Tuesday, May 29, 2012

Does "Graceless" Mean Historically-Accurate?

For my write-up today on Miracle in the Early Christian World, I'll quote what Howard Clark Kee says in a footnote on page 193:

"The most recently published romance, which is partially preserved in a papyrus copy (P. Colon inv. 3328), is edited by Albert Henrichs (Die Phoinikika des Lollianos, Fragmente eines neues griechischen Romans, Bonn: Rudolf Habelt, 1972).  Heinrichs shows that the author wants to claim that his work was written by Lollianos, a rhetorician in the reign of Hadrian, but that the work actually dates from the last third of the second century.  Written in a 'graceless' style (p. 25), the romance resembles the apocryphal gospels and Acts (p. 52), though its mythological base is in the Dionysius-Zagreus cult, said to be of Phoenician origin, and its cultic practices include child sacrifice and anthropophagy."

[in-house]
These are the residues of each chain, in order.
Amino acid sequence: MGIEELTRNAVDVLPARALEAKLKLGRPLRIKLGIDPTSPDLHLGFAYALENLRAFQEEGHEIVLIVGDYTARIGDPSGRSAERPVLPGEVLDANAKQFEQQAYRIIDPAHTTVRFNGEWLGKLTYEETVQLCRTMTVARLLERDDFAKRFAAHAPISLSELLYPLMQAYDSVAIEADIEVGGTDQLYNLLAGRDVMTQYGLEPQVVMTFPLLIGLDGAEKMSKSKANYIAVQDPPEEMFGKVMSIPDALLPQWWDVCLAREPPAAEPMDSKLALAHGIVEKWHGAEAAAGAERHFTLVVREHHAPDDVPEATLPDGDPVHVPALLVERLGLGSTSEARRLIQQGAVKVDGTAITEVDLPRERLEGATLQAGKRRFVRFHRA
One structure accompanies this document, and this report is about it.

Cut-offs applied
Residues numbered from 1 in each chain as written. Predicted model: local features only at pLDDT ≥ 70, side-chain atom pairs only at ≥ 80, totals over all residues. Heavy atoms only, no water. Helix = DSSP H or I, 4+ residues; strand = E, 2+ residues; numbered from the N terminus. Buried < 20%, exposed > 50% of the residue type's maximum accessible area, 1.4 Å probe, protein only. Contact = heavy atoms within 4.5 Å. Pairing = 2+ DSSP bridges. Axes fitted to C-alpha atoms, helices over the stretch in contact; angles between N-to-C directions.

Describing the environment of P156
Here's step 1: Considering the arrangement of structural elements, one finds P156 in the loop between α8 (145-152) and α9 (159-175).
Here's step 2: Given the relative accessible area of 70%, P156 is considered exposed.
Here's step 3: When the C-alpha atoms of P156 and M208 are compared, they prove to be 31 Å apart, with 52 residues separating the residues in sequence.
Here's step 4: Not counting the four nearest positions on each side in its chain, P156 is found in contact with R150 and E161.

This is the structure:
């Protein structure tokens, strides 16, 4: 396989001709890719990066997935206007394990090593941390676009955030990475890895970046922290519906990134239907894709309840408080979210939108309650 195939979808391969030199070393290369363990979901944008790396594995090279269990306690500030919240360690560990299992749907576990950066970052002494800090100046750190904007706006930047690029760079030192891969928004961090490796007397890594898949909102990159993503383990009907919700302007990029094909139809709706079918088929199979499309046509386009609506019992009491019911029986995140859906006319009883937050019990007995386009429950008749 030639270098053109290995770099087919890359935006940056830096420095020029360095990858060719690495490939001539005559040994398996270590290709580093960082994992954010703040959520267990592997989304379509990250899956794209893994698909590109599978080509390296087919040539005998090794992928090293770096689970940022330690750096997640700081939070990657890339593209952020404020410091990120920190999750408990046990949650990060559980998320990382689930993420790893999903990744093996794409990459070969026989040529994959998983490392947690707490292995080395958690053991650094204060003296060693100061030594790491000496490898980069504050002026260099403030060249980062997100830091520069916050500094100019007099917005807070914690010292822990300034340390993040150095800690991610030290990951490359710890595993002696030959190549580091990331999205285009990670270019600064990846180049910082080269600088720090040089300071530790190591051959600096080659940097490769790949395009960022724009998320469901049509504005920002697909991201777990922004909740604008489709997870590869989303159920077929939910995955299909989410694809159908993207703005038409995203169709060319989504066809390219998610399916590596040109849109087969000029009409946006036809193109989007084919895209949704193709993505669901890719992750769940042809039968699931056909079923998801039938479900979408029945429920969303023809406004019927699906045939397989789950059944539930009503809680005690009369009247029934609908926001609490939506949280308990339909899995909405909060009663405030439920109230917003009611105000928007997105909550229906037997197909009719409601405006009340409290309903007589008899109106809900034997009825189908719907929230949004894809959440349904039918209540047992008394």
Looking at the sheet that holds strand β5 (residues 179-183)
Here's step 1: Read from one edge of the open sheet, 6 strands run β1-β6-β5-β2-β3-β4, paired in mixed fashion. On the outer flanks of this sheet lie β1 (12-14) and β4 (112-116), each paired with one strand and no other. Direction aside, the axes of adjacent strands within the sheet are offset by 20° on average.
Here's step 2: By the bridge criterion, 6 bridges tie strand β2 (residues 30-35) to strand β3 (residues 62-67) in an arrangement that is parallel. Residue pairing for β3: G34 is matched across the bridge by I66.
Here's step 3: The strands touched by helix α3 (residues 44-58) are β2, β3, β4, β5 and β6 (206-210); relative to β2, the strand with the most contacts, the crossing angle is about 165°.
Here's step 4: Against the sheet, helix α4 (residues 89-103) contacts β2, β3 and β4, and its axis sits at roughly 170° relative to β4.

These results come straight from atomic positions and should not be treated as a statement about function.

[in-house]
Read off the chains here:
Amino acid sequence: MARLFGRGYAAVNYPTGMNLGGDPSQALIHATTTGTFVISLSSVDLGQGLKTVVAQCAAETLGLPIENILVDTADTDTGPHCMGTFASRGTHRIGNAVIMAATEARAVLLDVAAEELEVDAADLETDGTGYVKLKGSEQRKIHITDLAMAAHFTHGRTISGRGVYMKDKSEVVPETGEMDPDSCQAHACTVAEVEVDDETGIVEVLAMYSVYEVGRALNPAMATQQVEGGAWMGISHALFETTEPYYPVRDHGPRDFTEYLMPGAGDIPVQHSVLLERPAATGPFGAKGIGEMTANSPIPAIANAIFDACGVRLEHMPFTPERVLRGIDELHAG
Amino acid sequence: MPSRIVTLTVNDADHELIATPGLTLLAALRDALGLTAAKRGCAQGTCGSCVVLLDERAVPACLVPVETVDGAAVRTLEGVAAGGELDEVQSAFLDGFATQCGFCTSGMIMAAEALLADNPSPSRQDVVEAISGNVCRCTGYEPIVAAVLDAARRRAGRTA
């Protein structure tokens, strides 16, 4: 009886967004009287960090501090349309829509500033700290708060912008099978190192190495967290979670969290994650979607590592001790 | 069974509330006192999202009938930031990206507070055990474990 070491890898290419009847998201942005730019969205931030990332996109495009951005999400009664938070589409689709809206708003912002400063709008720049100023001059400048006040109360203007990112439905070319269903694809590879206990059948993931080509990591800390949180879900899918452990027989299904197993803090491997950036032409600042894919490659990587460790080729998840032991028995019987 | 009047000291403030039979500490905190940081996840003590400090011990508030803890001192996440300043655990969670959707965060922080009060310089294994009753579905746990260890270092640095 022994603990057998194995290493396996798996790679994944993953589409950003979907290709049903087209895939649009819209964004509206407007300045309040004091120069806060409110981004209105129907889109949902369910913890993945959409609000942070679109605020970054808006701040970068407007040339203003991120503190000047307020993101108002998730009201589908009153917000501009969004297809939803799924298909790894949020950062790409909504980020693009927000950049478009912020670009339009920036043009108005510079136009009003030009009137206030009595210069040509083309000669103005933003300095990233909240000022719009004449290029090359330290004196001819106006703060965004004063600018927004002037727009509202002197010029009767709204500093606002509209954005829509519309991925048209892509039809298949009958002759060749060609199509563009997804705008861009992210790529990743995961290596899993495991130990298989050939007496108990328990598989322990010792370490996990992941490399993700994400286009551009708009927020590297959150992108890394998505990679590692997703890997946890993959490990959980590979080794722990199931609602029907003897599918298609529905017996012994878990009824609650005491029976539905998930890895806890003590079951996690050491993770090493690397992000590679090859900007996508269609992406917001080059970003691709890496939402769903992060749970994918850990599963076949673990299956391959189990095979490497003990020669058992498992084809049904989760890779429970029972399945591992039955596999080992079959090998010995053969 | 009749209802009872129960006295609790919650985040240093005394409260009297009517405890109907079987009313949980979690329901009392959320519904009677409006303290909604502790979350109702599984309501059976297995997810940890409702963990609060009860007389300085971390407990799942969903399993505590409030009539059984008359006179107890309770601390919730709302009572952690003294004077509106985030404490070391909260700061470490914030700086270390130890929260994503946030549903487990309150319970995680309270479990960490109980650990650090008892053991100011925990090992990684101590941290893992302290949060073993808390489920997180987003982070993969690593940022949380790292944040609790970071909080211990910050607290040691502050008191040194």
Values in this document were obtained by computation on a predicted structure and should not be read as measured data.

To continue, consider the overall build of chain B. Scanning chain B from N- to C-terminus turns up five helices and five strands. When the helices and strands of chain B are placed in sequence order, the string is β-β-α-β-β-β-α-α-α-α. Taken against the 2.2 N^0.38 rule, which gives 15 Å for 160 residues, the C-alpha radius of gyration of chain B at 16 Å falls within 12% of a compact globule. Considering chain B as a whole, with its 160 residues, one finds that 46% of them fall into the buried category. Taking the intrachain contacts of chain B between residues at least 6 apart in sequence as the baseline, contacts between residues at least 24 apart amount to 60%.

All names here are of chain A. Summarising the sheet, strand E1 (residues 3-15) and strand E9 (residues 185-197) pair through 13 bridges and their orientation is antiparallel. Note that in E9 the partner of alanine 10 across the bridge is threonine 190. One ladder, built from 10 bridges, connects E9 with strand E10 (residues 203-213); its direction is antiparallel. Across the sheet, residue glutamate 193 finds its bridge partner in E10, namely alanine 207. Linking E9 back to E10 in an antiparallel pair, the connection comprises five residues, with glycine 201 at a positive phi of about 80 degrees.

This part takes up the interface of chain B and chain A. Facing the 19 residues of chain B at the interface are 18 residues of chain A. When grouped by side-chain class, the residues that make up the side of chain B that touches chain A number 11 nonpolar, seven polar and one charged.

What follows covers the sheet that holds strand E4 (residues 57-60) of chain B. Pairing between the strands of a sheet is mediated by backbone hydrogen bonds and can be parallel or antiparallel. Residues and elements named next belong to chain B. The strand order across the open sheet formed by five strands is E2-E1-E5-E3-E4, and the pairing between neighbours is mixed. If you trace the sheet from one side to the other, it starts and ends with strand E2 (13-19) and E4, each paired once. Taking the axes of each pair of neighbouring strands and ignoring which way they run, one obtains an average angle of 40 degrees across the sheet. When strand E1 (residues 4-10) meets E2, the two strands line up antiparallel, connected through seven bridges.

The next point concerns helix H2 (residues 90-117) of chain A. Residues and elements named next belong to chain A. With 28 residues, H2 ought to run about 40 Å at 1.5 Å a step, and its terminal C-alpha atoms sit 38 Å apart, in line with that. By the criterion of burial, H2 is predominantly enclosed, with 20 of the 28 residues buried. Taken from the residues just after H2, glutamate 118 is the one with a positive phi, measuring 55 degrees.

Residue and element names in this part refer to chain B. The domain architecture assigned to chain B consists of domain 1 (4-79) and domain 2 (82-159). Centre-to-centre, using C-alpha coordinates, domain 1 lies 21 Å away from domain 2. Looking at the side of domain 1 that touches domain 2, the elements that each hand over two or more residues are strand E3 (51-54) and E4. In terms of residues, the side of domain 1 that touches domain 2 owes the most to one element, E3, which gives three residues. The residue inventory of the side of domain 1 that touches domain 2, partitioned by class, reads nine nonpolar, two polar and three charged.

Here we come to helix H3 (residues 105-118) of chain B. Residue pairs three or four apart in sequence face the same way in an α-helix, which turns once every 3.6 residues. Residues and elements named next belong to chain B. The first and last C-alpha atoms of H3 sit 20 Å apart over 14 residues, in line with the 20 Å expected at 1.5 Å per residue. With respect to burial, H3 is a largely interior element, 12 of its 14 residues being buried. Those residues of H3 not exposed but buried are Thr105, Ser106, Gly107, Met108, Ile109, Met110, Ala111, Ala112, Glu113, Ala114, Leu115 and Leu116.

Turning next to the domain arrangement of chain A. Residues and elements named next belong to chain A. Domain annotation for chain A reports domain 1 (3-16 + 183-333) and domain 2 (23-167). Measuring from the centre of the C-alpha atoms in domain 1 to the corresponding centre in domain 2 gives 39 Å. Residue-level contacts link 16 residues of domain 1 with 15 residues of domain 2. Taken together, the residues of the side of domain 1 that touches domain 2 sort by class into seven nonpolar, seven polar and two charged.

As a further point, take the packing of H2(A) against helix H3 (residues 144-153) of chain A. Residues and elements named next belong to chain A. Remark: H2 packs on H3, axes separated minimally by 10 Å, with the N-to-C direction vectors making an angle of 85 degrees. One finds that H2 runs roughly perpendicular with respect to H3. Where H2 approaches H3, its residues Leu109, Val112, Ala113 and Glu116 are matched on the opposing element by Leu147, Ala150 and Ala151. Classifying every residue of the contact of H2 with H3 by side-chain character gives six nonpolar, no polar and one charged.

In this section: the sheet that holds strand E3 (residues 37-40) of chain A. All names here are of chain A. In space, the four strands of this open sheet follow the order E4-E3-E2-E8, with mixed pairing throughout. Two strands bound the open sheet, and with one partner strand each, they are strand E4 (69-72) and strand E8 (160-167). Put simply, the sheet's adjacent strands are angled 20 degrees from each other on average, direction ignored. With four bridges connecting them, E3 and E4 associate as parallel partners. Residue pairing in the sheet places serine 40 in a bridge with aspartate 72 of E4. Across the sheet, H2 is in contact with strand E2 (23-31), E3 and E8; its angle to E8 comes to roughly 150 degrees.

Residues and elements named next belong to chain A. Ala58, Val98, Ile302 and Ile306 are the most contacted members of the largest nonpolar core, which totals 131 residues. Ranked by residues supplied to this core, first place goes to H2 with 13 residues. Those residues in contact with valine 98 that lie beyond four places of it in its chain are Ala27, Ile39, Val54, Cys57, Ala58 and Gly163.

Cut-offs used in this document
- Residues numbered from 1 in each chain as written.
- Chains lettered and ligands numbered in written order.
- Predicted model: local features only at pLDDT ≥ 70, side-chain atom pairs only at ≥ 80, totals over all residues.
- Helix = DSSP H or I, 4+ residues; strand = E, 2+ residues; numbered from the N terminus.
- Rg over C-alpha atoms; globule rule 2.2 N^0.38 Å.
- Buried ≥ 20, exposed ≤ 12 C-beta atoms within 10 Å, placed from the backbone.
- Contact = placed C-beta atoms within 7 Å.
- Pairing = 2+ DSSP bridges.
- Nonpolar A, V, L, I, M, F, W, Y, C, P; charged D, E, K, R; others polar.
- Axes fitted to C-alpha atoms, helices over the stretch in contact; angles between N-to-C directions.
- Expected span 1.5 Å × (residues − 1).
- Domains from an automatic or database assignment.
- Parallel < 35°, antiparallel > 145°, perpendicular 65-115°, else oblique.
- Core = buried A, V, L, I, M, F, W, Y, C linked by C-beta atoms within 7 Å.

The reason that this passage stood out to me is that Christian apologists have argued that the Gospels are historically-accurate----and that includes their miracles----because they are written in a straightforward, low-key style, in contrast with more extravagant works.  For many of these apologists, the Gospels have a "just the facts, maam" style because their authors are simply communicating what happened.  But, in the passage above, Kee refers to a writing that is written in a "graceless" style, and yet it contains mythology and also probably was not written when it says it was.  I'm not suggesting that the Gospels are mythological, but what I am questioning is whether a low-key, "graceless" style makes a document historically-accurate.

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